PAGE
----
Industry 4.0 for Dummies
Nowadays, newspapers, magazines and blogs are full of mysterious words such as Internet of Things (IoT), Artificial Intelligence (AI) or 3D printing. Such interest from the media is well motivated, since these new phenomena are dramatically reshaping the contemporary business environment. Perhaps the most obscure trend discussed by today's media is Industry 4.0. Yet, understanding this concept is more important than ever, as it could change the way companies work forever. This is why I would like to try to explain with you the concept of Industry 4.0 in the simplest way as possible - "for dummies", so to say.
The expression "Industry 4.0" was born in Germany in the early 2010s to refer to the fourth industrial revolution that could derive from the integration of digital technologies and advanced production systems. If I had to describe the core of Industry 4.0 in a couple of words, I would choose "Cyber-physical Systems" (CPS). In a way, CPS are to the fourth industrial revolution as steam is to the first one.
To understand what a cyber-physical system is, I would like to break it down into four components. The first component is an actuator: a machine that performs an activity, such as drilling a plate. The second component is a sensor, which collects data from the actuator; for instance, it could be a device that measures the vibrations of the drill. The third component is an artificial brain, capable of storing information and deriving new insights, typically thanks to a comparison with historical data; going back to our example of the drill, there could be an algorithm that analyses the vibrations of the tool in order to predict the best moment to replace it with a new one. The fourth component is a connection system, that links all the previous ones; this task could be accomplished by a WiFi connection.
The advantages of CPS are huge. In fact, they can improve all the competitive dimensions of a manufacturing systems. Going back to our example, it is easy to understand that there would be an improvement in quality, since worn out tools would be spotted out before they started producing defective products. There would be benefits also in the time dimensions - speed and reliability - as machine failures would be prevented in a much easier way. Moreover, this system could be very flexible, given that the machine learning algorithm that analyses the vibration of the drill could be easily retrained on a new product family, or on a different type of equipment. Finally, there would be cost reductions - and, consequently, the opportunity to offer more competitive prices - thanks to the lower manpower required to maintain the drill: everything has been automatized.
Actually, there would not be a simple change in the quantity of workers, but rather in their quality. Going back to our example, in fact, it would be necessary to have a good industrial engineer, who should not only be capable of identifying the potential link between the vibrations of a drill its wear and tear, but also of choosing the right machine learning algorithm, of processing the input data in the right way, and of understanding critically its outputs. In fact, without a good mix of engineering background and common sense, there is a high risk of turning the most advanced neural network, implemented by the most clever and best dressed consultants... in a random numbers generator.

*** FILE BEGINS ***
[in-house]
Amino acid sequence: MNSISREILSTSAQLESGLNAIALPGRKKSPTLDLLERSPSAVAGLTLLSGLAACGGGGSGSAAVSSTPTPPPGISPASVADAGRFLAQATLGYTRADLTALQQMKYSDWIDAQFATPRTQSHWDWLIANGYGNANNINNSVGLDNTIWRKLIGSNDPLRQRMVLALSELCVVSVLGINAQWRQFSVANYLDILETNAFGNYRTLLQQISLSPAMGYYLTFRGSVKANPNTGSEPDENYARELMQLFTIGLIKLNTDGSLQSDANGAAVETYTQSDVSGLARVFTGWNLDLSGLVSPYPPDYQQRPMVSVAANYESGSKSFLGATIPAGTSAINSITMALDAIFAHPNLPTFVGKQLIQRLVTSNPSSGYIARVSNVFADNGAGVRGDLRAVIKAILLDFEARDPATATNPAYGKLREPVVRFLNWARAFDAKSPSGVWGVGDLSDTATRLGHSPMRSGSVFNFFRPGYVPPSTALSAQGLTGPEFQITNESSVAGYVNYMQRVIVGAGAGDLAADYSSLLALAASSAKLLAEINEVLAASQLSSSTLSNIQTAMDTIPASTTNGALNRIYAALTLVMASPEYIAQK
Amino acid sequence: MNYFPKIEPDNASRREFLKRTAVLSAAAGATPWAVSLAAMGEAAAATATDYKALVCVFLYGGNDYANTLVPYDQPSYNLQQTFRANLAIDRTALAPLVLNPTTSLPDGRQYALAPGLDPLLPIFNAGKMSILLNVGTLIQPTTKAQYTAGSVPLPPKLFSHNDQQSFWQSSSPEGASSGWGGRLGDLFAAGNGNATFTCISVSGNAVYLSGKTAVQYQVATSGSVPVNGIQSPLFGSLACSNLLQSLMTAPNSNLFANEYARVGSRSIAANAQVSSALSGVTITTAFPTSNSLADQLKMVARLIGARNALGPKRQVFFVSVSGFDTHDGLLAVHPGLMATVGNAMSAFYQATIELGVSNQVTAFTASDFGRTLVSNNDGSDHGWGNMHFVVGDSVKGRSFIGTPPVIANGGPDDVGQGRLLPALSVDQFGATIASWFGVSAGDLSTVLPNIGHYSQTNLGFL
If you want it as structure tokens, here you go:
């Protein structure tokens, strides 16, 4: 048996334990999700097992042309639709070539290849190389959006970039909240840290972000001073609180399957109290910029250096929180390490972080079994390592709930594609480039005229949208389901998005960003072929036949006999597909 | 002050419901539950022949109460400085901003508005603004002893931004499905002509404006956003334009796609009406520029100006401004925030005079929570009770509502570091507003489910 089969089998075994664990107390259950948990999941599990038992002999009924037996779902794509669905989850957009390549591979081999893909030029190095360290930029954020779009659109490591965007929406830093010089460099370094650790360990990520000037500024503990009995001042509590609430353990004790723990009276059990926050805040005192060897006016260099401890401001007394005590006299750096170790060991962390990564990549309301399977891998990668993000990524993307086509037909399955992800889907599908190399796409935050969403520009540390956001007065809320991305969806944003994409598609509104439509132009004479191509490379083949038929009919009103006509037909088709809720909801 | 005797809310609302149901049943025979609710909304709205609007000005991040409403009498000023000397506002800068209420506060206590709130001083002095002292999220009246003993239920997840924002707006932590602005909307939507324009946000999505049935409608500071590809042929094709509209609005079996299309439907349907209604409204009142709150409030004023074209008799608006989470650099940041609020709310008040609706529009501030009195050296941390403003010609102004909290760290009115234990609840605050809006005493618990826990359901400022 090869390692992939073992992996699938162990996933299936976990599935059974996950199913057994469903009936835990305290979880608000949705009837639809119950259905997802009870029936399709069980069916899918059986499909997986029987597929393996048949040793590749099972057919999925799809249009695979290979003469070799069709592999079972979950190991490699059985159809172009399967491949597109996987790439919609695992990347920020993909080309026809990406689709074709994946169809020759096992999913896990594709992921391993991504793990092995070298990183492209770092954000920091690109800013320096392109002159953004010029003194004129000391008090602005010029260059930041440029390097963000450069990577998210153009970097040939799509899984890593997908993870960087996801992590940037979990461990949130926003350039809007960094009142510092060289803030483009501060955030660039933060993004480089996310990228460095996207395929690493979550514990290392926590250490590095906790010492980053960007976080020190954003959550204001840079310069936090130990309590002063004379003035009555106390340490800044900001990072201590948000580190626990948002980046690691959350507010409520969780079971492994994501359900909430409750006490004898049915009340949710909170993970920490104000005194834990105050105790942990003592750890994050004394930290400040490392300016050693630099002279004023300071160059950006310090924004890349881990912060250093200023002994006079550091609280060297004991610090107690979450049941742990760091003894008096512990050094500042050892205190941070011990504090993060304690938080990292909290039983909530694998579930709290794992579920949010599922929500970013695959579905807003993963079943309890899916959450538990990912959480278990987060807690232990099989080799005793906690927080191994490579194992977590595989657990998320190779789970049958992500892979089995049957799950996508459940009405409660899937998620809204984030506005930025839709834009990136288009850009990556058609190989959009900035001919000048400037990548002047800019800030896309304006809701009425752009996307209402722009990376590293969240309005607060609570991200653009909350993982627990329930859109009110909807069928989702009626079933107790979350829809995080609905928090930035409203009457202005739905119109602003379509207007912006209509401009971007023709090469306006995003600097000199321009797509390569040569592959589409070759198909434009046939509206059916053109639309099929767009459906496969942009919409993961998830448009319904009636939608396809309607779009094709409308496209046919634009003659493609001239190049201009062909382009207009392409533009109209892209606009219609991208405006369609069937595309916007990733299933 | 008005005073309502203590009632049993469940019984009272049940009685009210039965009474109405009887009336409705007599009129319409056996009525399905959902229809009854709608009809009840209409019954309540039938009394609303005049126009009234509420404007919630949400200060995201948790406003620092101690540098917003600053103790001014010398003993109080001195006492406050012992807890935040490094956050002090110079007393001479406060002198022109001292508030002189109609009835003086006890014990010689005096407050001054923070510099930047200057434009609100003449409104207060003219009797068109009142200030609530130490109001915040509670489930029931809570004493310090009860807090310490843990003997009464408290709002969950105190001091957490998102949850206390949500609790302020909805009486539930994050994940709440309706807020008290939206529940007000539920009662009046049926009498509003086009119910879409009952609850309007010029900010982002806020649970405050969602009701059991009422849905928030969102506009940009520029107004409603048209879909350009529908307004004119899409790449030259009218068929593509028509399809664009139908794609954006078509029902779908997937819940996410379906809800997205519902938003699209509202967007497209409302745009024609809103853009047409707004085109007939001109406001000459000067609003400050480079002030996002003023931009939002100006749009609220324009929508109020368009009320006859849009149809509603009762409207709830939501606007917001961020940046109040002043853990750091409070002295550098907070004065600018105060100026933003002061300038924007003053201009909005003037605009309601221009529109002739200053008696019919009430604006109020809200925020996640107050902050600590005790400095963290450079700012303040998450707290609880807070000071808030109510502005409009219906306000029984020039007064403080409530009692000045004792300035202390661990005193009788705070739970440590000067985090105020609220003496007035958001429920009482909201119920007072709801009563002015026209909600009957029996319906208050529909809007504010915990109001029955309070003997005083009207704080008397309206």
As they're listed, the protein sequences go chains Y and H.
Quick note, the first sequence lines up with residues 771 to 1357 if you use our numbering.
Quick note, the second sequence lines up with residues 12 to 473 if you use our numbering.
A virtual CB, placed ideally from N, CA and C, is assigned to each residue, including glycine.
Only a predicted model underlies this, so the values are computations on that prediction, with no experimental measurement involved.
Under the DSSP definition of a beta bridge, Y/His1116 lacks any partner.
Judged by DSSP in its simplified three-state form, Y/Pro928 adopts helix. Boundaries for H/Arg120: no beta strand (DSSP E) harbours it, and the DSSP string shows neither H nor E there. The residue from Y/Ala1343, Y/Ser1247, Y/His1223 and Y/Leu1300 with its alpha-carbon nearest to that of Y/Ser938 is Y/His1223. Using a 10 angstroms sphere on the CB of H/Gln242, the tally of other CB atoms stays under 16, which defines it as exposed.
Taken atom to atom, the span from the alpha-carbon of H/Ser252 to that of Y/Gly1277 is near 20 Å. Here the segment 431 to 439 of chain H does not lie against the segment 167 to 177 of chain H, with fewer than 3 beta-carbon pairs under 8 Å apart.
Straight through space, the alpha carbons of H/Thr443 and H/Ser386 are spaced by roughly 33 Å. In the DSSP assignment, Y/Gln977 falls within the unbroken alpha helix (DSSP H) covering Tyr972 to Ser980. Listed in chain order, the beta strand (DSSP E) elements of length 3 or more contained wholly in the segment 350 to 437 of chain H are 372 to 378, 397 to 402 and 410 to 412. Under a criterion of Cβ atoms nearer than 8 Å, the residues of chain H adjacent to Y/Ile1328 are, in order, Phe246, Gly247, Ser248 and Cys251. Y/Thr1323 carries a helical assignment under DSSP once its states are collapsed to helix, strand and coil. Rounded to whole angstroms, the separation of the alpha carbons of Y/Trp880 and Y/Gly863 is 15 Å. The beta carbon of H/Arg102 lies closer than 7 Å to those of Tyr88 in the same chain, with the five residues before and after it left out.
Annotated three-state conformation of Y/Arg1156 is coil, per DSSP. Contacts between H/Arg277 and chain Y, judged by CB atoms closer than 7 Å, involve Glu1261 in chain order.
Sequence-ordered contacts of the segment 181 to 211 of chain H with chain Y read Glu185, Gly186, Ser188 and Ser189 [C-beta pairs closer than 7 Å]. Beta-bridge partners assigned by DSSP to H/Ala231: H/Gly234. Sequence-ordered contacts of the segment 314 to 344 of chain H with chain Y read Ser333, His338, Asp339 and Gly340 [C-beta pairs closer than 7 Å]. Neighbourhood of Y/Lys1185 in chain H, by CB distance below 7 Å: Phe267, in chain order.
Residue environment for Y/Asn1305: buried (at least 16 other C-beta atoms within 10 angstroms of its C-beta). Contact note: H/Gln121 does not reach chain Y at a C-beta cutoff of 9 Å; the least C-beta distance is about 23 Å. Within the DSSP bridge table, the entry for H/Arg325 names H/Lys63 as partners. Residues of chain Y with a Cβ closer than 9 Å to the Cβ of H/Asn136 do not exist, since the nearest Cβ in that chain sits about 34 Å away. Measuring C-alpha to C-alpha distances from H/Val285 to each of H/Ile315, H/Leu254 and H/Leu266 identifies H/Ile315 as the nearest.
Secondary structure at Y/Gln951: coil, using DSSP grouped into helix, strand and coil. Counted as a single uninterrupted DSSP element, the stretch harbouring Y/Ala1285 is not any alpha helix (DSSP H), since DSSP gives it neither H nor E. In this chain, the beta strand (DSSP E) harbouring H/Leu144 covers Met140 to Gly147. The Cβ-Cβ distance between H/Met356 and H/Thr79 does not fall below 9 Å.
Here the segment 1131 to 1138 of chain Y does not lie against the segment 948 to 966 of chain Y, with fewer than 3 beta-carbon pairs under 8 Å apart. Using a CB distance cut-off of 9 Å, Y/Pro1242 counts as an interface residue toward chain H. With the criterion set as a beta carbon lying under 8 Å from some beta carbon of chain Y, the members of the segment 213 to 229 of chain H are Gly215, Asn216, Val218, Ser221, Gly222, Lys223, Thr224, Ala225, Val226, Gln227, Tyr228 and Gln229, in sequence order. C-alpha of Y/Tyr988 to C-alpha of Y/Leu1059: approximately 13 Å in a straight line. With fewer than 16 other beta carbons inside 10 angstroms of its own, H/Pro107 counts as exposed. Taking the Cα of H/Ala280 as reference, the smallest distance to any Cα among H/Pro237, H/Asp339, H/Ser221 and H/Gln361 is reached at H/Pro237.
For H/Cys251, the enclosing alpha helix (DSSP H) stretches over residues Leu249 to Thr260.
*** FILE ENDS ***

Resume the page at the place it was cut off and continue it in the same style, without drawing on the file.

So, I hope I convinced you of the potential that Industry 4.0 technologies have, and how they can boost the operational performances of modern manufacturing (and even service) systems.
However, I would like to point out once again the importance of human beings in this upcoming industrial revolution. Although it should be clear now that advanced competences are required to properly manage technologies of this complexity, it would also be interesting to think about what human intuition can do when supported by these tools. One of the best examples of intuition is the entrepreneurial sense, which I conceive as the ability to satisfy human needs in a better way than before, or even to "uncover" new needs. When entrepreneurship meets technology, the whole society can progress.
A success story of what I would call "Entrepreneurship 4.0" is the case of an Italian capital goods producer, Biesse. Biesse produces complex industrial equipment, and is a world leader in the sector of wood processing machines. Of course, this company used Industry 4.0 technologies to improve its operations. In particular, as it is stated in the Siemens website, Biesse has recently implemented a product life-cycle management platform which dramatically improves the speed of information sharing both inter-company - between the shop floor, the engineering department, and the sales one - and intra-company - between Biesse and its suppliers in the Far East. However, the managers of Biesse did something more. Leveraging on the "Big Data" collected by their design, manufacturing and sales department, they developed new software, to manage the wood production. By doing so, they expanded their business model - otherwise very traditional - with a software development component. On top of that, they also offer a wide range of pre- and after-sales services.
I hope that this article has helped you to understand what Industry 4.0 really is and its potential for our economy, and for the way we will work in the very next future.